Language Selection

English French German Italian Portuguese Spanish

OOo4Kids: A workable compromise

Filed under

I am always of two minds about office suites or applications for children. On the one hand, I can see the value of offering a simplified interface for learning on. On the other hand, I wonder if children shouldn't start with the interface they will be using as adults, so they don't how to learn the interface all over again. OOo4Kids balances these conflicting needs better than any application I've ever seen -- so much so that I think that the main project could benefit from adopting its code.

As the name implies, OOo4Kids is a version of designed for children between the ages of 7 and 12. Its recently-announced 1.0 release is available in 13 languages, and on all major operating systems, as well as Sugar OS. Source code and .deb packages are available on a web site separate from the main one.

OOo4Kids starts with a splash screen that summarizes many of its differences from It offers only the four main applications -- Writer, Calc, Impress, and Draw -- as choices, leaving out the database and equation editor, as well as any list of recent documents. In fact, unlike the original, all choices are available as icons, with none in the menus. Both fonts and icons are considerably larger than the original as well.

rest here

Also: Linux .doc to Text Conversions Inadequate

More in Tux Machines

Slackel Linux: Not Your Father's Slackware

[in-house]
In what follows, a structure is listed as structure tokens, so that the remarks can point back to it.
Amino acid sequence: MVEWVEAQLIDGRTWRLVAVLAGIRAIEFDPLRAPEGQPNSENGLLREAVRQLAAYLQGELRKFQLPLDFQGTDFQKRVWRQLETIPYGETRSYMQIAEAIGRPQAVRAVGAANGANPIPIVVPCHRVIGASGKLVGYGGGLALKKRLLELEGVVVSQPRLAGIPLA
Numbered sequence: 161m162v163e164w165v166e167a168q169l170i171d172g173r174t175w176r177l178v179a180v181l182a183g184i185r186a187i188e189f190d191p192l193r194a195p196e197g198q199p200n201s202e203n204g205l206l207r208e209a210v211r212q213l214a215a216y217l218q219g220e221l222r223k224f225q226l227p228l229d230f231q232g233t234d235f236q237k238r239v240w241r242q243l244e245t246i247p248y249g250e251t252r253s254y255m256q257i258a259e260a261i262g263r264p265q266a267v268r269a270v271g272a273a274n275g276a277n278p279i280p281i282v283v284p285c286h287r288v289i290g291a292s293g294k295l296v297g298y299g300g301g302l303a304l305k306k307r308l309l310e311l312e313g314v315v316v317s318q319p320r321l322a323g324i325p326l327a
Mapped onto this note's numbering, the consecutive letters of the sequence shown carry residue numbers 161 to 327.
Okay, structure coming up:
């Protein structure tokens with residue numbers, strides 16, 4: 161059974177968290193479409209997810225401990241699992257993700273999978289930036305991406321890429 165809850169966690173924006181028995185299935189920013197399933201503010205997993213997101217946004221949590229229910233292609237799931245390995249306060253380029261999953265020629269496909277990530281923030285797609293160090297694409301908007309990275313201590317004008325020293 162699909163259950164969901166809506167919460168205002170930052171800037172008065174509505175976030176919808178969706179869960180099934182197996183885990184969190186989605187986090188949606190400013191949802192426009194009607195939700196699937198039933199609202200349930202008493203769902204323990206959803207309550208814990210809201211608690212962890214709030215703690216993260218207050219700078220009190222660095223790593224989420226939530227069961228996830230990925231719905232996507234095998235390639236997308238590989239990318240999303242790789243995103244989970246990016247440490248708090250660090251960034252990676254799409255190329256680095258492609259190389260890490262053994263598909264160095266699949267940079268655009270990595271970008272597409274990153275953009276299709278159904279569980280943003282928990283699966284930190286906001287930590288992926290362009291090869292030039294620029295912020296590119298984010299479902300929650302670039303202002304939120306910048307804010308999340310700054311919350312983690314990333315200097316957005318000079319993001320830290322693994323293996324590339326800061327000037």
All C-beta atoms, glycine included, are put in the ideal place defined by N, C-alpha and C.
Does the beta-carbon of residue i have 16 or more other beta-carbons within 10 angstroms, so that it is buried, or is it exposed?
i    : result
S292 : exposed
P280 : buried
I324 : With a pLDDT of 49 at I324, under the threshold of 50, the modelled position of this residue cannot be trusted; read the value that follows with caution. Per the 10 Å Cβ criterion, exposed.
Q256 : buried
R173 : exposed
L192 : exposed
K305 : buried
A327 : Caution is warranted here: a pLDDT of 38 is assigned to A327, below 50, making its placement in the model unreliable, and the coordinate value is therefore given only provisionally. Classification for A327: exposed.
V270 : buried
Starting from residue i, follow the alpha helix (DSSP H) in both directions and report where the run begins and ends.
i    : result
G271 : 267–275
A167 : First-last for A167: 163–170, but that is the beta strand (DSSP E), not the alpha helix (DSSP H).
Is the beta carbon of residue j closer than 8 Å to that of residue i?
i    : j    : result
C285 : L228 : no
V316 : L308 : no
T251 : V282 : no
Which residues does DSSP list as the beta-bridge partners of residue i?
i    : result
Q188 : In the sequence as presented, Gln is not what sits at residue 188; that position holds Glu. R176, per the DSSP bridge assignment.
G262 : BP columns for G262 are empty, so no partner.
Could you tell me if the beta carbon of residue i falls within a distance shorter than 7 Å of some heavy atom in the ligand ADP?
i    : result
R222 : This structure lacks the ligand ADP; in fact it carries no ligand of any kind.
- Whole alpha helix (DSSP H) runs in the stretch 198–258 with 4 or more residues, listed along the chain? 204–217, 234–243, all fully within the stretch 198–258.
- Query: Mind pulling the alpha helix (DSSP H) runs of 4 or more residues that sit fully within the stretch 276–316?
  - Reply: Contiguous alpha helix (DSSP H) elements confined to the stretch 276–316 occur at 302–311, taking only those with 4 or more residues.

You might think of the Slackel distro as a better Slackware derivative. Slackware dates back to 1992. By comparison, well-known and well-used distros such as Ubuntu, Fedora and Linux Mint were introduced in the mid-2000s. So Slackware is among the oldest actively maintained Linux distros. Despite its longevity, it has not joined more modern Linux offspring in terms of user friendliness. Read more

Android 6.0 Marshmallow Review: Google Outsmarts Apple By Guessing Your Next Move

It may seem like a big decision, but something tells me the service arms race is going to be a lot like the feature race. Google has the nose on Apple with Google Now on Tap until… Apple figures out a way to borrow it. Read more

Red Hat News

IBM releases Power-based Linux servers with Nvidia GPUs

The Power Systems LC line was introduced by Dr Stefanie Chiras, director and business line executive of IBM scale-out Power Systems, as part of her keynote on the subject of 'waitless computing'. IBM, as a patron of the OpenPower Foundation, has been a staunch supporter of Linux and OpenStack, and this represents a logical step for the company, as it has been building its Power line following the sale of its x86 server business to Lenovo in 2014. Read more